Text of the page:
FREE Kangaroo Template | 10 Minutes of Quality Time
Parts of a Kangaroo- FREE Montessori Nomenclature Cards with Definitions | Trillium Montessori
Kangaroo Theme Page Crafts, Quizzes, Information, and Printouts to Color | Enchanted Learning
FREE Australian Animals Guided Drawing
Now I Know My ABC’s ~ K is for Kangaroo | Totally Tots
Does A Kangaroo Have A Mother Too? Book | TwistyNoodle
Information – Kangaroos | Answers in Genesis
Life Cycle of a Kangaroo | Karissa Li’s Space
Australian Animals FREE Printable Pack | Simple Living Creative Learning
FREE Kangaroo Nomenclature Cards | Pinay Homeschooler
Kangaroo FREE Fact Sheet | English ESL Worksheets
Great Kangaroo facts and photos | National Geographic Kids
Fun Kangaroo Facts For Kids | Cool Kid Facts
10 Kangaroo Facts You Didn’t Know | GoEco
Amazing Facts about Kangaroos | OneKindPlanet
Kangaroo Facts, Worksheets, Habitat, Species & Diet For Kids | KidsKonnect
Fun Kangaroo Facts for Kids – Interesting Information | ScienceKids
Kangaroos: Facts, Information & Pictures | Live Science
Head to the library for kids books all about kangaroos:
Does a Kangaroo Have a Mother Too FREE Lesson Plan | Flourish Yoga
Preschool Packet “Does a Kangaroo Have a Mother, Too?” | Preschool Printables by Gwyn
Christmas in Kangaroo Land | Kids Travel Books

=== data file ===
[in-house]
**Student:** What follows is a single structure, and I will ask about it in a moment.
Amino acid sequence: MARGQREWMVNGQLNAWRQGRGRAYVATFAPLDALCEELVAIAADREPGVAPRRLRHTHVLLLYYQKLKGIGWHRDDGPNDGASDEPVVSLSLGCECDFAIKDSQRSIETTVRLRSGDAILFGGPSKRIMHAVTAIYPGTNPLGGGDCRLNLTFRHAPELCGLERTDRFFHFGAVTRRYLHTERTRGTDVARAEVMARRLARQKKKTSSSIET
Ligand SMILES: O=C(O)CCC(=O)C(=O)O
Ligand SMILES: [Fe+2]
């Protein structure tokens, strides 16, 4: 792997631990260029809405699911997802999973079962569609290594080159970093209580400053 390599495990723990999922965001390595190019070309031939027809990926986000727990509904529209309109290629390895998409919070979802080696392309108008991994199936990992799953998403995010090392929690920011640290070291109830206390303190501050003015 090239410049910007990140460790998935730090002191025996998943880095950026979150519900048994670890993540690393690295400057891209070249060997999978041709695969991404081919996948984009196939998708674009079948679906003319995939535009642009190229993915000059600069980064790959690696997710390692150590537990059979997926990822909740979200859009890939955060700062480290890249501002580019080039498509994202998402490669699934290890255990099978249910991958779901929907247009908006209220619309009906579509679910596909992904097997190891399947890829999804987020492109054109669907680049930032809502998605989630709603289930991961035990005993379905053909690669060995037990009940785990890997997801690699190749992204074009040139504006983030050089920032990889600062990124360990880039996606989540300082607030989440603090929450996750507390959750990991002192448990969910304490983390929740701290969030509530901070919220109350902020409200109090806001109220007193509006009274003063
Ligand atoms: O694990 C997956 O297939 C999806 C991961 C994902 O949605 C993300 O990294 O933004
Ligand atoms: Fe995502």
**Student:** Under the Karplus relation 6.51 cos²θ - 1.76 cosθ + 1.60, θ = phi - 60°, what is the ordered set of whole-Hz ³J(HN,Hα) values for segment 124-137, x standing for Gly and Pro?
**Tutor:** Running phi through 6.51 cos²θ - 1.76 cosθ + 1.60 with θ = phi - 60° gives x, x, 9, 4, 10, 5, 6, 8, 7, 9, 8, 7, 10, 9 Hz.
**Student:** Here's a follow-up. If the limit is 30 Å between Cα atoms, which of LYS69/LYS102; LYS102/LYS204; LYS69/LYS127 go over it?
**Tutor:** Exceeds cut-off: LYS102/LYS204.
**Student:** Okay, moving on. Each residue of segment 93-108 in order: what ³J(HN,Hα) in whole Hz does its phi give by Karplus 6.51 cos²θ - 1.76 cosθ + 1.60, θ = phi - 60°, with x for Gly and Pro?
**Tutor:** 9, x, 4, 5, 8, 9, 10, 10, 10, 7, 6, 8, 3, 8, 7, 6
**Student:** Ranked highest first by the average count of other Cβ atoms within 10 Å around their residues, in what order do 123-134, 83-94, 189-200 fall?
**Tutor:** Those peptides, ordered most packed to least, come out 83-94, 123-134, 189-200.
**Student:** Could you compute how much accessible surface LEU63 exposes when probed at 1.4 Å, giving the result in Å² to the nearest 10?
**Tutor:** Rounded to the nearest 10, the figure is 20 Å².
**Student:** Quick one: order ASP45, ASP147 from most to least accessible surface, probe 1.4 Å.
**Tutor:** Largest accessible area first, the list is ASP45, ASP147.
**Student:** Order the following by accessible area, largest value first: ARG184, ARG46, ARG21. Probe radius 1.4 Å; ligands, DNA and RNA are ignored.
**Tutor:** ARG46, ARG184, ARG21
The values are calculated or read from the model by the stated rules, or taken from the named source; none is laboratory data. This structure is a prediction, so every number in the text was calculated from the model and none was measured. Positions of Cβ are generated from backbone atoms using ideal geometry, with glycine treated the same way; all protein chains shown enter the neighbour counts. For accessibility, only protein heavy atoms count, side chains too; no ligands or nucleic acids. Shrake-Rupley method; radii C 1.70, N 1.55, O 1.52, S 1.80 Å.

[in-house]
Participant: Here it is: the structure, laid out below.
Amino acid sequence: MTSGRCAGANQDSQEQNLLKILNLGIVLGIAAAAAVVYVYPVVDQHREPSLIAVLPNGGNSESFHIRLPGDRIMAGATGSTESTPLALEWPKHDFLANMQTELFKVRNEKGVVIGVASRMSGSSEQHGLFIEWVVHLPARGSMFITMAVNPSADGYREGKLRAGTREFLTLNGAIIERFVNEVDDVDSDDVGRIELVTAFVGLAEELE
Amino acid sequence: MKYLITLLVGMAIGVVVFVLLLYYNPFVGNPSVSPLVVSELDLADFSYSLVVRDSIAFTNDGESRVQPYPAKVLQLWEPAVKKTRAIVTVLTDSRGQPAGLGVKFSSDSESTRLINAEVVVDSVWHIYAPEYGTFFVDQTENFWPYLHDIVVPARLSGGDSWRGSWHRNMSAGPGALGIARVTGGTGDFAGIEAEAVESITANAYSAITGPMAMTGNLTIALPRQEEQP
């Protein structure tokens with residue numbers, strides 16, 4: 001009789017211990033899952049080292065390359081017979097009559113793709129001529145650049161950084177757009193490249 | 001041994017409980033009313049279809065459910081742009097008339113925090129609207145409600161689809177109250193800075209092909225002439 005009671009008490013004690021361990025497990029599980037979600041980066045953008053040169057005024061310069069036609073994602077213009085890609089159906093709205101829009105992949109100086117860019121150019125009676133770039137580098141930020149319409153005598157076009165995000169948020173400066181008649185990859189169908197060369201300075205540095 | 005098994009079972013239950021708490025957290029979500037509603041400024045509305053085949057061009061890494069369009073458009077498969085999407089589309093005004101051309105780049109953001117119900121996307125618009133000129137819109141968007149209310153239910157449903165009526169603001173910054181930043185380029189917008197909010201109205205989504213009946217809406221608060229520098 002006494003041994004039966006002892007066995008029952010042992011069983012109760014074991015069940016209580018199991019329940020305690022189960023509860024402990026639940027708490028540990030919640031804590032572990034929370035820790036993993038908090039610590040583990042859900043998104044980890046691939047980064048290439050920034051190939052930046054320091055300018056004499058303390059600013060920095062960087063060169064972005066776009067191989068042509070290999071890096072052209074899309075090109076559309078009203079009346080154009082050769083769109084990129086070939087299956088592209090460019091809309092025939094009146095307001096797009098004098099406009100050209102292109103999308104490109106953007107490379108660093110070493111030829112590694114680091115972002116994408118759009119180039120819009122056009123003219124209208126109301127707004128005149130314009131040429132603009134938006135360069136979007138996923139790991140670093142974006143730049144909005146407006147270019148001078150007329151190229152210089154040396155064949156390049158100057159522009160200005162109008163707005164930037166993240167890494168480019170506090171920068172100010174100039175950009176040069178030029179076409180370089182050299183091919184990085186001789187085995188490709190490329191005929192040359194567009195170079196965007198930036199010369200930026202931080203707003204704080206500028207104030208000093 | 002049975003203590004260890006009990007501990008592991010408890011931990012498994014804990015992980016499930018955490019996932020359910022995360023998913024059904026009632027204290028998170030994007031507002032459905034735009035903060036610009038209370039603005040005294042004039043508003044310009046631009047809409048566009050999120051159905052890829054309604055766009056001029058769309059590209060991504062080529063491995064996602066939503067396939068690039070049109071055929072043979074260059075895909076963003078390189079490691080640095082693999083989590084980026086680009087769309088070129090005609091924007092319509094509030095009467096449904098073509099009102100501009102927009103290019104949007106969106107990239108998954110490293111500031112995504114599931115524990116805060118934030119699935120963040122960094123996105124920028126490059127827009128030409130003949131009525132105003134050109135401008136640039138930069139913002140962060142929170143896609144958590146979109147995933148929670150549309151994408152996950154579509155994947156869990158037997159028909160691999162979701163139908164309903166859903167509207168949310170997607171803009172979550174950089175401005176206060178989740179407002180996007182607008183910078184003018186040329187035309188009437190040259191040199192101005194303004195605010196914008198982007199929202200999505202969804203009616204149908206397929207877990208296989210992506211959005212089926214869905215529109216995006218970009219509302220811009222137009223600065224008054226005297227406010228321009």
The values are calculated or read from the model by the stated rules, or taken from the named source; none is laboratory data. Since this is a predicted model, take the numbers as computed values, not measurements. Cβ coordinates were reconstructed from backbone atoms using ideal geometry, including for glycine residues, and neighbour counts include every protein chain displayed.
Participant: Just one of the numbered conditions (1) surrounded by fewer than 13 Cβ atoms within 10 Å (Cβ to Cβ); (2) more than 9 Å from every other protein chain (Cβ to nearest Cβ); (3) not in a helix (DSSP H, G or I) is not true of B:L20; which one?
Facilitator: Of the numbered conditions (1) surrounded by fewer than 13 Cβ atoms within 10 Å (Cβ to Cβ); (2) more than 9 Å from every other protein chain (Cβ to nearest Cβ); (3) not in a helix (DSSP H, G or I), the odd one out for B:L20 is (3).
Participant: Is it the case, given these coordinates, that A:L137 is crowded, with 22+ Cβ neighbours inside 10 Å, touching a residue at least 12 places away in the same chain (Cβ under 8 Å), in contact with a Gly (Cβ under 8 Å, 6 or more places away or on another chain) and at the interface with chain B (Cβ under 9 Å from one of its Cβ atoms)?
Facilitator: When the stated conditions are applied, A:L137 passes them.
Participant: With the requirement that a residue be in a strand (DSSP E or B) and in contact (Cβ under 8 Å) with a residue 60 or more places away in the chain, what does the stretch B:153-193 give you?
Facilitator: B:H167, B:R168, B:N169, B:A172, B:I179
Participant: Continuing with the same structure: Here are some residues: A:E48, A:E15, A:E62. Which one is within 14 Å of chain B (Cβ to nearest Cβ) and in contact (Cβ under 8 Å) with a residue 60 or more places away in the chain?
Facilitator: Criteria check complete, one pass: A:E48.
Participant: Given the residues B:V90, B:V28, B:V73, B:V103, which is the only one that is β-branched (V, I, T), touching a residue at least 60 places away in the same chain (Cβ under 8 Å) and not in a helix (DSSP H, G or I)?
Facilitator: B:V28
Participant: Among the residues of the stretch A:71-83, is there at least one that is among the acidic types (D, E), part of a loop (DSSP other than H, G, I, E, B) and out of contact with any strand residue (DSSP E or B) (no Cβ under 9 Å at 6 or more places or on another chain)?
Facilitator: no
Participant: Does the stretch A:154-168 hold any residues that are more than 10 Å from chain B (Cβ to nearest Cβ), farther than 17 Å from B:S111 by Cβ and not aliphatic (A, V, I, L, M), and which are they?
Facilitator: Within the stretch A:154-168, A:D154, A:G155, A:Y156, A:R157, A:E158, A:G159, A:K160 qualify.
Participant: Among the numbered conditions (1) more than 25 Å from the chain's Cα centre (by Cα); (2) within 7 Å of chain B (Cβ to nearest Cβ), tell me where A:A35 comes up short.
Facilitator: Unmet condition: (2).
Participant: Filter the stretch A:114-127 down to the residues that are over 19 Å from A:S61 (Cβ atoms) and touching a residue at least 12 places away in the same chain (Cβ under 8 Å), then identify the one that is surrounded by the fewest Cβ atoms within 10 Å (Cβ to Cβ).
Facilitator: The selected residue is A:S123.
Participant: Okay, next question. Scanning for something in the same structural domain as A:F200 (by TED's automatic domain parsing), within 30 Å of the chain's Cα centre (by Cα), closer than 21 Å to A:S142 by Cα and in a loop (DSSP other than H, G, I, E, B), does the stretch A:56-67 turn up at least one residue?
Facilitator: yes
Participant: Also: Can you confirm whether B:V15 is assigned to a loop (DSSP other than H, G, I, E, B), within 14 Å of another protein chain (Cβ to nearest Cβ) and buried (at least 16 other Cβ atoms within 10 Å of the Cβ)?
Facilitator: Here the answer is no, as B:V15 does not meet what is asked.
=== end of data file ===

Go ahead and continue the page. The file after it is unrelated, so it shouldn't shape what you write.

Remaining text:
FREE Kangaroo Digital Picture Book | The Productive Teacher
Animals of Australia Book List | Fantastic Fun and Learning
40 Australian Picture Books by Our Favourite Australian Authors | childhood 101
Use kangaroo-themed printables for learning:
K is for Kangaroo Learning Printables | Cornerstone Confessions
Kangaroo Bible Printables for Kids – FREEBIES | Paper Gifts for Estefany
Crafts all about kangaroos:
4 Fun And Interesting Kangaroo Crafts For Kids | Mom Junction
K Is for Kangaroo Craft | All About Learning Press
FREE Printable Kangaroo Craft | Learn Create Love
Letter K Craft: Kangaroo Paper Craft | Sight and Sound Reading
Australian Aboriginal Dot Art | DLTK-Kids
FREE Australian Crafts for Kids | Danielle’s Place
Kangaroo Kraft FREEBIE | Julie Lee
Activities to add to your lessons about kangaroos:
Kk Kangaroo Day -preschool style | Mama Bee From the Hive
Kangaroo Hop! (Kangaroos can hop 30 feet. Measure 30 feet in your home and challenge your kids to see how far they can jump compared to a kangaroo.) | Mrs. Lee’s Kinder Kids
Watch videos about kangaroos with your kids:
Kangaroo for Kids – Facts and Information about Kangaroos for Children, Kangaroo Videos | Kiddopedia
Survival in Australia for Kangaroos | BBC Wildlife
Kangaroo Kids (Joeys) at Brookfield Zoo | Brookfield Zoo
Why Do Kangaroos Have Pouches? (Animal Science for Kids) | SciShow Kids
Kangaroo Facts – Facts About Kangaroos | 101 Animal Facts
Video – Kangaroos explained | National Geographic
I hold on to the image of the legend Steve Irwin hugging and playing with the Aussie legendary kangaroos. I completely plan on learning even more about kangaroos.
Australia is our neighboring first world country and we all plan to visit there one day – and yes, hopefully, we can see some kangaroos.
Jeannette is a wife, mother and homeschooling mom. She has been mightily, saved by grace and is grateful for God’s sovereignty throughout her life’s journey. She has a Bachelor in English Education and her MBA. Jeannette is bi-lingual and currently lives in the Tongan Islands of the South Pacific. She posts daily freebies for homeschoolers!